Definition:Graph (Graph Theory)

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This page is about Graph in the context of graph theory. For other uses, see Definition:Graph.

Informal Definition

A graph is intuitively defined as a pair consisting of a set of vertices and a set of edges.


Formal Definition

A graph is an ordered pair $G = \left({V, E}\right)$ such that:

$V$ is a set, called the vertex set;
$E$ is a set of 2-element subsets of $V$, called the edge set.

That is: $E \subseteq \left\{{\left\{{u, v}\right\}: u, v \in V}\right\}$.

$E$ can also be described as an antireflexive, symmetric relation on $V$.


Let $G = \left({V, E}\right)$ be a graph.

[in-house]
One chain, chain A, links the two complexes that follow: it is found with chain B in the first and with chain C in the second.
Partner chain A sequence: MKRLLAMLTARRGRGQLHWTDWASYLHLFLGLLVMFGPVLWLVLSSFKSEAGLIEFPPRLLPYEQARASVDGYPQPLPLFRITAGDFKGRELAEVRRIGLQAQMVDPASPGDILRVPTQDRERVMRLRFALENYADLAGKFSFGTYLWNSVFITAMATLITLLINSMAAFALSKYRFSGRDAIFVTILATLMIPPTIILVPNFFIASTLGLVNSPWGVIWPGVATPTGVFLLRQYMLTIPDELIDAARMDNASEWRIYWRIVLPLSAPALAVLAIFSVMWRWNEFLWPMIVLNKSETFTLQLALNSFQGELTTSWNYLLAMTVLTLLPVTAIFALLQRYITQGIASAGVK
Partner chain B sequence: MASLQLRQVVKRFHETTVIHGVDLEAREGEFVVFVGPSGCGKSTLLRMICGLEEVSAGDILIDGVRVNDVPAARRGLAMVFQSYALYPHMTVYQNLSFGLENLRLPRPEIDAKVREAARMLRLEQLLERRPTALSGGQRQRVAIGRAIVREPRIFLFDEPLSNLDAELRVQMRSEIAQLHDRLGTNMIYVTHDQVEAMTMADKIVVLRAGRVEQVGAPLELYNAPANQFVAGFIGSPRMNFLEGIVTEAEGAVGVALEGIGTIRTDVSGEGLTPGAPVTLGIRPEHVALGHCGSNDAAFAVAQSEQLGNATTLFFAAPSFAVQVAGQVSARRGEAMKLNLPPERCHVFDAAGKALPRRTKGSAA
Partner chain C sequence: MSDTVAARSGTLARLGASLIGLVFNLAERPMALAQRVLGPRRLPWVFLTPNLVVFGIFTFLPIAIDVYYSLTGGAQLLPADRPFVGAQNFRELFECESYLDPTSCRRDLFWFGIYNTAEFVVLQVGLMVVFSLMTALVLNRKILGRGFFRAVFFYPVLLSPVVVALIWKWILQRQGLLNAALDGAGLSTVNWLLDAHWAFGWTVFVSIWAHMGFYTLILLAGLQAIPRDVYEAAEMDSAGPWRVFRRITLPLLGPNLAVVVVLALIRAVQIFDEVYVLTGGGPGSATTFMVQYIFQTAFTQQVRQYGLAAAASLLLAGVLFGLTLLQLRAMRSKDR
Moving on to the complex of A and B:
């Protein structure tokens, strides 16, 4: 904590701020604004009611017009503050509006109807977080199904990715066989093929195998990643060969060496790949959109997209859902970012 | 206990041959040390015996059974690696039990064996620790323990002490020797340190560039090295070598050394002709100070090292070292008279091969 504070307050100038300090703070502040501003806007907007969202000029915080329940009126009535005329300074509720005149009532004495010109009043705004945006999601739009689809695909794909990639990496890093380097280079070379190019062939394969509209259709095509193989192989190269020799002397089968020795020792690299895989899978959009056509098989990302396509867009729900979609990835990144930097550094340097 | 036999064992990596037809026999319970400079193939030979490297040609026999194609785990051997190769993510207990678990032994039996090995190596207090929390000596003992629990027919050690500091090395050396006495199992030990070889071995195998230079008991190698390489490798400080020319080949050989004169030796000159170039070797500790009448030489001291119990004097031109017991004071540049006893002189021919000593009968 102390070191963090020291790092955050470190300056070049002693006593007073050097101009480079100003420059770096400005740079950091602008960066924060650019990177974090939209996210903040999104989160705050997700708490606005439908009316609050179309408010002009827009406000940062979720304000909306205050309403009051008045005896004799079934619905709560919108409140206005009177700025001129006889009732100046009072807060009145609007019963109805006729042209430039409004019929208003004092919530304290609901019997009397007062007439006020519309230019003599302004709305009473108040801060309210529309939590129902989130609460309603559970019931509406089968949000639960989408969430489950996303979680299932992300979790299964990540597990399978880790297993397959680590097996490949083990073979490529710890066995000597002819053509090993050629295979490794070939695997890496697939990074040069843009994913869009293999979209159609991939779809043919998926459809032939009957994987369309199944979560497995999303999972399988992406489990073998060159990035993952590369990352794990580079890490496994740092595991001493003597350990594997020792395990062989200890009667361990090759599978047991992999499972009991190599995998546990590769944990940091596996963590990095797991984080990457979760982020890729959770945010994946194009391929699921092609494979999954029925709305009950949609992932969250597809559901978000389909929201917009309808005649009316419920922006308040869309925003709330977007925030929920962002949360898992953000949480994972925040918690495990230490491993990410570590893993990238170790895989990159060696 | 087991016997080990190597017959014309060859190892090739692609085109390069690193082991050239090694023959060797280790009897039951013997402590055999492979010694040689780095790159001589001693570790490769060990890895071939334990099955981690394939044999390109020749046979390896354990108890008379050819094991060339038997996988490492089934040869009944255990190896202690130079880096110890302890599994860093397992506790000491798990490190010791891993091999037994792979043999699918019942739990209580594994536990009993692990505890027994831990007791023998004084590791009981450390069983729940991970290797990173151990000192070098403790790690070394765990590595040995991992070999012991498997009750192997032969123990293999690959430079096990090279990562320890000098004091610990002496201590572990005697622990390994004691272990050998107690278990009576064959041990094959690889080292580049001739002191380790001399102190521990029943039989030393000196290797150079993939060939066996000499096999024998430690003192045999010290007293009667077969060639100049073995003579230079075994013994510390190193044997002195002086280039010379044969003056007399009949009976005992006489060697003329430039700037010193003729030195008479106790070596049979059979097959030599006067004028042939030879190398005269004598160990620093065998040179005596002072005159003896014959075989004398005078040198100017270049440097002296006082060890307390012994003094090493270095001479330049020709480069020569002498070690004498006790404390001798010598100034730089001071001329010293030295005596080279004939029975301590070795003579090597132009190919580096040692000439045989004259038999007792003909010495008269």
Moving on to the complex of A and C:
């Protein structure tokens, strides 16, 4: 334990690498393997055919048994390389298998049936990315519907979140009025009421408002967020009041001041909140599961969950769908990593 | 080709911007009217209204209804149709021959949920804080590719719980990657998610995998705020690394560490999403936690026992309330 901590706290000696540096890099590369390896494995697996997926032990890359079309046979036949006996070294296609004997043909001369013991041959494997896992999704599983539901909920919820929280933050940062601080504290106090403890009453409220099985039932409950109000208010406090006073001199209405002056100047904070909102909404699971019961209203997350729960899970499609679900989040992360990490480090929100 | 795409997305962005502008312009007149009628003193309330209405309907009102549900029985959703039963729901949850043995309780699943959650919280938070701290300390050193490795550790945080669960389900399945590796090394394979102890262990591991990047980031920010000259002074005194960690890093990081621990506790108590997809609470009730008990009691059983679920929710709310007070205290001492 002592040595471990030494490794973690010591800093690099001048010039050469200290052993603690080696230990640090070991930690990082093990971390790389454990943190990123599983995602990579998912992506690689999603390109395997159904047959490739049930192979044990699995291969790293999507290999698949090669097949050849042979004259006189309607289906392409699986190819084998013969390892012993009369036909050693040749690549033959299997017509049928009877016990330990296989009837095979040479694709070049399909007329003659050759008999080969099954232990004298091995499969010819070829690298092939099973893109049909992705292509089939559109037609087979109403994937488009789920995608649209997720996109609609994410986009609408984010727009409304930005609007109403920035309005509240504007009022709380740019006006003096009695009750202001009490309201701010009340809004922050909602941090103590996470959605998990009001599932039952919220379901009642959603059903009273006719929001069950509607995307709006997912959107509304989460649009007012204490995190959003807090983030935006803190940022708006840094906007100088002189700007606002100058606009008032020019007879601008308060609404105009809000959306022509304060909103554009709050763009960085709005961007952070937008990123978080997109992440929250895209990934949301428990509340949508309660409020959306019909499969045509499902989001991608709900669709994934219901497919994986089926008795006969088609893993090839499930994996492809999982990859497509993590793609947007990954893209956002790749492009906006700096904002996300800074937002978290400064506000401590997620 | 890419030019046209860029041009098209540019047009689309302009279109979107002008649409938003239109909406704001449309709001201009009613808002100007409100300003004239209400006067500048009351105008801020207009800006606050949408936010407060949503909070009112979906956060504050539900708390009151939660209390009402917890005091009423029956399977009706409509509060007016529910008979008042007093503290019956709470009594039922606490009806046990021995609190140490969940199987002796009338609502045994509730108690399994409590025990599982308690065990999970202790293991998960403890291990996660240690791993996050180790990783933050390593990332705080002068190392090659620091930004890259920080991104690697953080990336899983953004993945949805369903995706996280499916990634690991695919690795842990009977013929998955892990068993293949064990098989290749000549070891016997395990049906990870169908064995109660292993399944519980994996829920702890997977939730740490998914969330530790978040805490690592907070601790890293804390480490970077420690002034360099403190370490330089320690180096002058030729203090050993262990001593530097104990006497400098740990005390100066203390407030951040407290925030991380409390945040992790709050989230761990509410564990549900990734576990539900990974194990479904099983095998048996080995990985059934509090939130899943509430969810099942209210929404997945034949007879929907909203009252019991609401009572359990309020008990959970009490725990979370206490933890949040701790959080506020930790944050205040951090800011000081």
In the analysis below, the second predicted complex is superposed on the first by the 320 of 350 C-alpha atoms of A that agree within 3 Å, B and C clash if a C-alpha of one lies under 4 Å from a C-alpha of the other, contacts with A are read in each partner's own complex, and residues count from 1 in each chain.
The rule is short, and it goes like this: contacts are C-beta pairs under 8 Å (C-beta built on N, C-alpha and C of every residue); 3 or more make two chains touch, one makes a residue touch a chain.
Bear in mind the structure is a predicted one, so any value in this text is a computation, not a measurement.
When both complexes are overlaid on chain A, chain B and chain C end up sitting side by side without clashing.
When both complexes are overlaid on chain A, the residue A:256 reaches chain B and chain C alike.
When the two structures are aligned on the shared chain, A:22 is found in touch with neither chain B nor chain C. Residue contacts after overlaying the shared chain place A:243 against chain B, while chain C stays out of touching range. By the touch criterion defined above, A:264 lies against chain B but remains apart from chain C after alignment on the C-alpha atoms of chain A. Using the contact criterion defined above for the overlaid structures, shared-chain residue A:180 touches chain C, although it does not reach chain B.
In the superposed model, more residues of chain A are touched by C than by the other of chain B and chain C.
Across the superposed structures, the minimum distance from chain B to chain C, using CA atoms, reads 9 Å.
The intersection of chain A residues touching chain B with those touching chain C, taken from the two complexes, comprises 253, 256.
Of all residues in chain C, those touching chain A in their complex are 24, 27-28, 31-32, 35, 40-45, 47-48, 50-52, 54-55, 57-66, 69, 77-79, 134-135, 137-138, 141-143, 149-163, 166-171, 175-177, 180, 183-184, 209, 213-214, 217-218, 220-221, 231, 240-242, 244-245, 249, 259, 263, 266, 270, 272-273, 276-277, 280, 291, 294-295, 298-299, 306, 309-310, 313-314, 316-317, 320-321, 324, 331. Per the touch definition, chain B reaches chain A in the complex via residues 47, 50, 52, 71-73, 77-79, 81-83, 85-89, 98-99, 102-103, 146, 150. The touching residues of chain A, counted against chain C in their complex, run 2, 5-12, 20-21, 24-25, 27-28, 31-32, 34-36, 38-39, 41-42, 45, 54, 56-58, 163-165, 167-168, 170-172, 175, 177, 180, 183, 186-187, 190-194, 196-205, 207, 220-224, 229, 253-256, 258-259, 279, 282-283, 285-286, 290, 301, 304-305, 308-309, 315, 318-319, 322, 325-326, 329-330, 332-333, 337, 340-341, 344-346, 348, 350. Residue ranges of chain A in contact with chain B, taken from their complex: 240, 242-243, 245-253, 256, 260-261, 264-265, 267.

The vertices (singular: vertex) are the elements of $V$.

Informally, the vertices are the points that are connected by the edges.

In the above, the vertices (singular: vertex) are the points $A, B, C, D, E, F, G$ which are marked as dots.


Let $G = \struct {V, E}$ be a graph.

The edges are the elements of $E$.

In the above, the edges are $AB, AE, BE, CD, CE, CF, DE, DF, FG$.


Let $G = \left({V, E}\right)$ be a graph.

The order of $G$ is the count of its vertices.


Let $G = \left({V, E}\right)$ be a graph.

The size of $G$ is the count of its edges.


Let $G$ be a graph whose order is $p$ and whose size is $q$.

Then $G$ can be referred to as a $\left({p, q}\right)$-graph.

A wider category: a graph whose order is $n$ can be referred to as an $n$-graph.

Also see

A graph which is not a multigraph nor a loop-graph nor a directed graph can be called a simple graph if this clarification is necessary.

Also defined as

Many treatments of this subject require that $V$ is non-empty, and so do not recognise the concept of a null graph.